Human Grade: This refers to products that have been processed or rendered with the same FDA standards used in making food for people. For example, 4-D (dead, dying, disabled, or diseased) animals, roadkill, or animals who have been euthanized with pentobarbital–a chemical compound which remains in the body during the rendering process, are all permissible fodder in the pet food industry, but erring on the side of caution these contents are deemed unsuitable for human consumption. If your pet food boasts human grade ingredients, this means it is fit to be eaten by people, and is an obviously much healthier alternative to non-human grade products.
Fruits and Vegetables: Just as for people, fruits and vegetables are a good low-calorie addition of fiber in your pet’s diets. They are dense with vitamins and minerals, as well as a reliable source of antioxidants. Foods boasting organic fruits and veggies are best, as it helps to eliminate some exposure to harmful pesticides and herbicides. Since dogs and cats lack the enzyme needed to break down and ingest the healthy particles in fruits and vegetables, be certain that they have been cooked or pureed for easier digestion.
Grains, Rice, and Legumes: Some people choose to steer clear of all grains in their pets’ diets, as many of them can often act as allergens among some dogs and cats. On the other hand, some grains are specifically sought out, like lentils for their rich nutrition and high counts of fiber and protein, or rice for its sensitivity on uneasy stomachs. Again, pesticides and herbicides are a considerable factor, and organic grains are preferred. We must also take care that the grains come only after the meaty protein sources, as we are feeding dogs and cats–not cows! For example, below is the nutritional label for a very popular commercial dog food:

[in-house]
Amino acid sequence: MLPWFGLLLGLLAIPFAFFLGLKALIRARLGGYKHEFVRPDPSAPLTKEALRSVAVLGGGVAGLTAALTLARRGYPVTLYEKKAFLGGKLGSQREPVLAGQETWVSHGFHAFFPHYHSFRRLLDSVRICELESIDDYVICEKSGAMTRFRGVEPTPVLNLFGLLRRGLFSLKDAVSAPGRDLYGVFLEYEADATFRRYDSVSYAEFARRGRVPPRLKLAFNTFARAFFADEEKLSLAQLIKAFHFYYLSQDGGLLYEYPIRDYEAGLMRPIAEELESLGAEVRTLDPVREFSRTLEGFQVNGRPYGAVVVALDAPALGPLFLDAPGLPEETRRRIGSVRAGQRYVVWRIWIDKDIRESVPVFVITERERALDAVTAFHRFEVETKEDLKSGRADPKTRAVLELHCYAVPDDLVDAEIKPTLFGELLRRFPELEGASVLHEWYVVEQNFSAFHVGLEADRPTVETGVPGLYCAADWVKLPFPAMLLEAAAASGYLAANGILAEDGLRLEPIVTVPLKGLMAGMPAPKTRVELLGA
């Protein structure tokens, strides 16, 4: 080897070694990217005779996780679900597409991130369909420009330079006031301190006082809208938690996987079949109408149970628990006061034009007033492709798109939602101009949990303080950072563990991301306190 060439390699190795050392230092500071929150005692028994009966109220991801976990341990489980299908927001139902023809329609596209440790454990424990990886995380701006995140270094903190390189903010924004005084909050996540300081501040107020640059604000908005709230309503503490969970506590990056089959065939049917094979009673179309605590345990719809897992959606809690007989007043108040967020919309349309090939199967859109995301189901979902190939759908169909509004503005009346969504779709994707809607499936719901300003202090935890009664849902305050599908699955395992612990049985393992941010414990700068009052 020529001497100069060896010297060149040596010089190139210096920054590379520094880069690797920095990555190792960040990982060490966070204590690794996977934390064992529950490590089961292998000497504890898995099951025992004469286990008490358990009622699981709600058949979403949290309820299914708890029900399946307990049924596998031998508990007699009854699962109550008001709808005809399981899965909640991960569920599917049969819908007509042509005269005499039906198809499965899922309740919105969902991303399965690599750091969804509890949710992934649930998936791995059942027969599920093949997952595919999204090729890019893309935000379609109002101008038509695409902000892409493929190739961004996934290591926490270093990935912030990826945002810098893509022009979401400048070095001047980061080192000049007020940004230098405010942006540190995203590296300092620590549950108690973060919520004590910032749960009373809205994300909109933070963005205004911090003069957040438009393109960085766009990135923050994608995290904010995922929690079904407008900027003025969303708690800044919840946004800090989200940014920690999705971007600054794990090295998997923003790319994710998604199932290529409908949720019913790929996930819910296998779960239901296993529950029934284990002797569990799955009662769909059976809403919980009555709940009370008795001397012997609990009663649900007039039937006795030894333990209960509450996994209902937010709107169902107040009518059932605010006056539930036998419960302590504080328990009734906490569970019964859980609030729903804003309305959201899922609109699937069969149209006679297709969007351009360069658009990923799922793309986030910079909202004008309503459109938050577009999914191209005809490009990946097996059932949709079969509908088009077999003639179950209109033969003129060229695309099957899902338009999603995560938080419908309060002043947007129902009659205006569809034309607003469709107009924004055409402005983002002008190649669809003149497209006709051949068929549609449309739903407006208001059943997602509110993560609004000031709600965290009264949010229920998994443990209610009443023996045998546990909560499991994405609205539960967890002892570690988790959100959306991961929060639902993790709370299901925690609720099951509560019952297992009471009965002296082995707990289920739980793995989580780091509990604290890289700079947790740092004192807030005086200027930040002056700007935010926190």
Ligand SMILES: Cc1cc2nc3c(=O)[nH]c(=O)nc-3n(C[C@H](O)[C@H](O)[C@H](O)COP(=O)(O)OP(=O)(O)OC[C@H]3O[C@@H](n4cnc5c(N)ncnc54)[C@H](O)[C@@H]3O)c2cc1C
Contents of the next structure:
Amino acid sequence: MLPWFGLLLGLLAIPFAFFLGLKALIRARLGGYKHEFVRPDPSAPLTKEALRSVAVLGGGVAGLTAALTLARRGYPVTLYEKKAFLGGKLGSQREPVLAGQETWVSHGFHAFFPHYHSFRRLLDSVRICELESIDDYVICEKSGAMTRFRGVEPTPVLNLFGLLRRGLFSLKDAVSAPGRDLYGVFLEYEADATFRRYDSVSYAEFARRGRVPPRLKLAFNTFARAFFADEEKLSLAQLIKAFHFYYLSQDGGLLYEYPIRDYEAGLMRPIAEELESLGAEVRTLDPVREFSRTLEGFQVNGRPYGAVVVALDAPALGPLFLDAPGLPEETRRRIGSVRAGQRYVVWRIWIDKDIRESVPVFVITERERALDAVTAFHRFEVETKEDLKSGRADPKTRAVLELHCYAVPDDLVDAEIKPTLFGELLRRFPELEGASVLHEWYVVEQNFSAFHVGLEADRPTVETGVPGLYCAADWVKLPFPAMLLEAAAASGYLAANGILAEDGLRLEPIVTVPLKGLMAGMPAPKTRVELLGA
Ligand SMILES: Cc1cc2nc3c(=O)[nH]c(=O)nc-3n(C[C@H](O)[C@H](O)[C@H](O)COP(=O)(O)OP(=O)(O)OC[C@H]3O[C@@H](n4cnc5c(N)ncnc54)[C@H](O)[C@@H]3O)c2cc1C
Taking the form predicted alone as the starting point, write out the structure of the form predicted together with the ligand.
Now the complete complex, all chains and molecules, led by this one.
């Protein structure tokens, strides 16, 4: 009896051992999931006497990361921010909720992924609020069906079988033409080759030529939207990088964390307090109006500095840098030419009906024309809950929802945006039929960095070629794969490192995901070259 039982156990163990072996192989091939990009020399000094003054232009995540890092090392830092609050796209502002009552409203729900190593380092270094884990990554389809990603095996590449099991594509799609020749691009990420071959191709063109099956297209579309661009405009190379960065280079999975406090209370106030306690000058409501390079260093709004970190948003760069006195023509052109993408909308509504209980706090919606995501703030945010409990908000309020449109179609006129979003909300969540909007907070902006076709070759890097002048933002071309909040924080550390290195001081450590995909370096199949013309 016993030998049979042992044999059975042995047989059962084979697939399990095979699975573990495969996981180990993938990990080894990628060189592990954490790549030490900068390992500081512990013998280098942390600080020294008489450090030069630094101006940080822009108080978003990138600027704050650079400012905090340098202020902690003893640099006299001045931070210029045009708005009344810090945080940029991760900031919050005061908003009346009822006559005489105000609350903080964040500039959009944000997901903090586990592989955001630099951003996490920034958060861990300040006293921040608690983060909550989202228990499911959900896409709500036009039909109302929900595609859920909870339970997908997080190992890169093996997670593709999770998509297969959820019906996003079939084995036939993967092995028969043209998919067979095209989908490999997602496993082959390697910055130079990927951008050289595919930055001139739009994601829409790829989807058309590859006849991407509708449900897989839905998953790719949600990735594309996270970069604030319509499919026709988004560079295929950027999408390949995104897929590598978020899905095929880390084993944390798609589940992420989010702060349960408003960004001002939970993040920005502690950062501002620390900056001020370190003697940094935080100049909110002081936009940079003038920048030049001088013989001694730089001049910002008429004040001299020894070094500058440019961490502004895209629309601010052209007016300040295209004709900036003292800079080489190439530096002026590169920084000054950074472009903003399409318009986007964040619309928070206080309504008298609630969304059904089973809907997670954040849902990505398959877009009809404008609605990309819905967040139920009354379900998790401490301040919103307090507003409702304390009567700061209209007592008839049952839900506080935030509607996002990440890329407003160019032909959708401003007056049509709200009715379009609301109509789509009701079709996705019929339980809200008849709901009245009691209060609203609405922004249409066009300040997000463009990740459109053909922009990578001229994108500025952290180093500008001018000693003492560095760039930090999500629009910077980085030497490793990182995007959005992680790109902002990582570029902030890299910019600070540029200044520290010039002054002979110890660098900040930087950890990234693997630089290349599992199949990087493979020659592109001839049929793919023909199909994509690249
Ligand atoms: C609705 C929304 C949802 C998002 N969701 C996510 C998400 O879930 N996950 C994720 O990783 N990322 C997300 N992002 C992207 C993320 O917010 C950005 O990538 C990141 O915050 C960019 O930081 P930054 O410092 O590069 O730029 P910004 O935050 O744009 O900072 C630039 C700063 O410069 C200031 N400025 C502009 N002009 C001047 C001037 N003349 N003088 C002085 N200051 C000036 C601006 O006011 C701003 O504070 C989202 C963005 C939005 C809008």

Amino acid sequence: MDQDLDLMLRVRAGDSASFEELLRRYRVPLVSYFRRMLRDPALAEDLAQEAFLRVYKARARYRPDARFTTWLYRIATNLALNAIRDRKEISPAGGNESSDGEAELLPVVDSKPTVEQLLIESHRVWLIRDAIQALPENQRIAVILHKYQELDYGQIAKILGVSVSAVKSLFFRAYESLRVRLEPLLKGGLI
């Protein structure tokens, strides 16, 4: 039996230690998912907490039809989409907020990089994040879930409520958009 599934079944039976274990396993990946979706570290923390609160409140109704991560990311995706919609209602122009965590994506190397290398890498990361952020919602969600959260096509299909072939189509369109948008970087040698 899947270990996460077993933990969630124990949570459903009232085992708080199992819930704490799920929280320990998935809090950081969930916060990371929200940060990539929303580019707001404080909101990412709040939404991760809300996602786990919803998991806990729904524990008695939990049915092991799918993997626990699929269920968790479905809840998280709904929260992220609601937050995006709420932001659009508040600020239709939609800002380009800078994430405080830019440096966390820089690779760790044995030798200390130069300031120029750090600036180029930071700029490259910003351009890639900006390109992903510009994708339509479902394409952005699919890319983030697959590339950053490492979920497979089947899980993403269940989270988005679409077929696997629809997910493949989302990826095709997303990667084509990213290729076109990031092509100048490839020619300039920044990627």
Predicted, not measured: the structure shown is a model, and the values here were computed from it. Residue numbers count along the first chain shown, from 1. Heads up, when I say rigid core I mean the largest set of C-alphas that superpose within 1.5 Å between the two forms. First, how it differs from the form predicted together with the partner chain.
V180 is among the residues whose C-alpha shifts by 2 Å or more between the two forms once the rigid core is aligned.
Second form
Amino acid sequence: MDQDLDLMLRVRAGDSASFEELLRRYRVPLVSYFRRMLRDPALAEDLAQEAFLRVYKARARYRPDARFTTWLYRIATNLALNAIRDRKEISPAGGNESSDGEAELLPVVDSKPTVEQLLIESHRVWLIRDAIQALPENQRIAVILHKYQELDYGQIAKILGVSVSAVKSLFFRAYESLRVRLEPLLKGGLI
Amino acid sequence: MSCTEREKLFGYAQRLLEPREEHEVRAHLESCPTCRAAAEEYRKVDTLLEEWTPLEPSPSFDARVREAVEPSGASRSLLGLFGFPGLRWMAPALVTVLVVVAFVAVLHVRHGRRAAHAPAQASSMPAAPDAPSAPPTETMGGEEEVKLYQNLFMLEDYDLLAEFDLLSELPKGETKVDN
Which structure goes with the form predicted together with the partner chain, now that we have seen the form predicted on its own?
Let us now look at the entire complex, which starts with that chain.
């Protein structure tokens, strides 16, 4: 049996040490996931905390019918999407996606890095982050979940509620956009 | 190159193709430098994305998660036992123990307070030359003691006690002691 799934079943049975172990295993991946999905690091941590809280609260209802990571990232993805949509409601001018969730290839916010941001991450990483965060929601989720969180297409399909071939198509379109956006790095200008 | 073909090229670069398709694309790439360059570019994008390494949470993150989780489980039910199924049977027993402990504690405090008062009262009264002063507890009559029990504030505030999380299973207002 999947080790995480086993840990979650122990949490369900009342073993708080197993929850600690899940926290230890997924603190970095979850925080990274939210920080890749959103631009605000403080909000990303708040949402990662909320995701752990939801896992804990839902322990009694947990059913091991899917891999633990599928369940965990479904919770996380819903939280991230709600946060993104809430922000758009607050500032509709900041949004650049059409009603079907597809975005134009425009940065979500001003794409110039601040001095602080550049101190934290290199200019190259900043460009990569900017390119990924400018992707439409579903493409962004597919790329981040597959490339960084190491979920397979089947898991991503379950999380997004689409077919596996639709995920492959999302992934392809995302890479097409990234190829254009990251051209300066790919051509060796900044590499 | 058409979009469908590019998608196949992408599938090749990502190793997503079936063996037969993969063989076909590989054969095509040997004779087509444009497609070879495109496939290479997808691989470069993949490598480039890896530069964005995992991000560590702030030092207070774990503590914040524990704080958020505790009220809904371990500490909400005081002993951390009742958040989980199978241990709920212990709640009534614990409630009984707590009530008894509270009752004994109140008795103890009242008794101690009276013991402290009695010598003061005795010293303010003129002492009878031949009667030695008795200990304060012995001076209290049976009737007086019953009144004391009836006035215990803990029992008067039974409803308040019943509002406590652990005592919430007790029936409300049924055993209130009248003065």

- Ground yellow corn, chicken by-product meal, corn gluten meal, whole wheat flour, animal fat preserved with mixed-tocopherols (form of Vitamin E), rice flour, beef, soy flour, water, meat and bone meal, propylene glycol, sugar, tricalcium phosphate, phosphoric acid, salt, animal digest, potassium chloride, sorbic acid (a preservative), dried peas, dried carrots, calcium propionate (a preservative), choline chloride, L-Lysine monohydrochloride, Vitamin E supplement, zinc sulfate, Red 40, ferrous sulfate, manganese sulfate, niacin, Yellow 6, Yellow 5, Vitamin A supplement, Blue 2, calcium carbonate, copper sulfate, Vitamin B-12 supplement, brewers dried yeast, calcium pantothenate, thiamine mononitrate, garlic oil, pyridoxine hydrochloride, riboflavin supplement, Vitamin D-3 supplement, menadione sodium bisulfite complex (source of Vitamin K activity), calcium iodate, folic acid, biotin, sodium selenite.
Note how the very first ingredient listed is corn, followed by chicken by-product, and then more corn. We also see listed animal fat, many varieties of flour, sugar, preservatives, and a ludicrous number of artificial colorings. Preservatives and artificial ingredients are linked to allergies, skin problems, digestive disorders, and even cancer. Sugar only provides empty carbohydrates. In other words, the above is a fine example of what not to feed your pets, though the packaging and commercials that we see on television for this products may lead us to believe otherwise. Even the colorful kibble is meant to lure people, not pets. We promise, your dogs and cats really do not care what color their food is.
As conscientious pet owners, it is our responsibility to educate ourselves, to know when we’re being fooled, and to know that our options and resources are plentiful. Our pets’ daily diets should be given just as much consideration as our own. So take a moment to go over your dog or cat food label. Are they getting the nutrients and the proteins that they need to live the long, happy life that they deserve?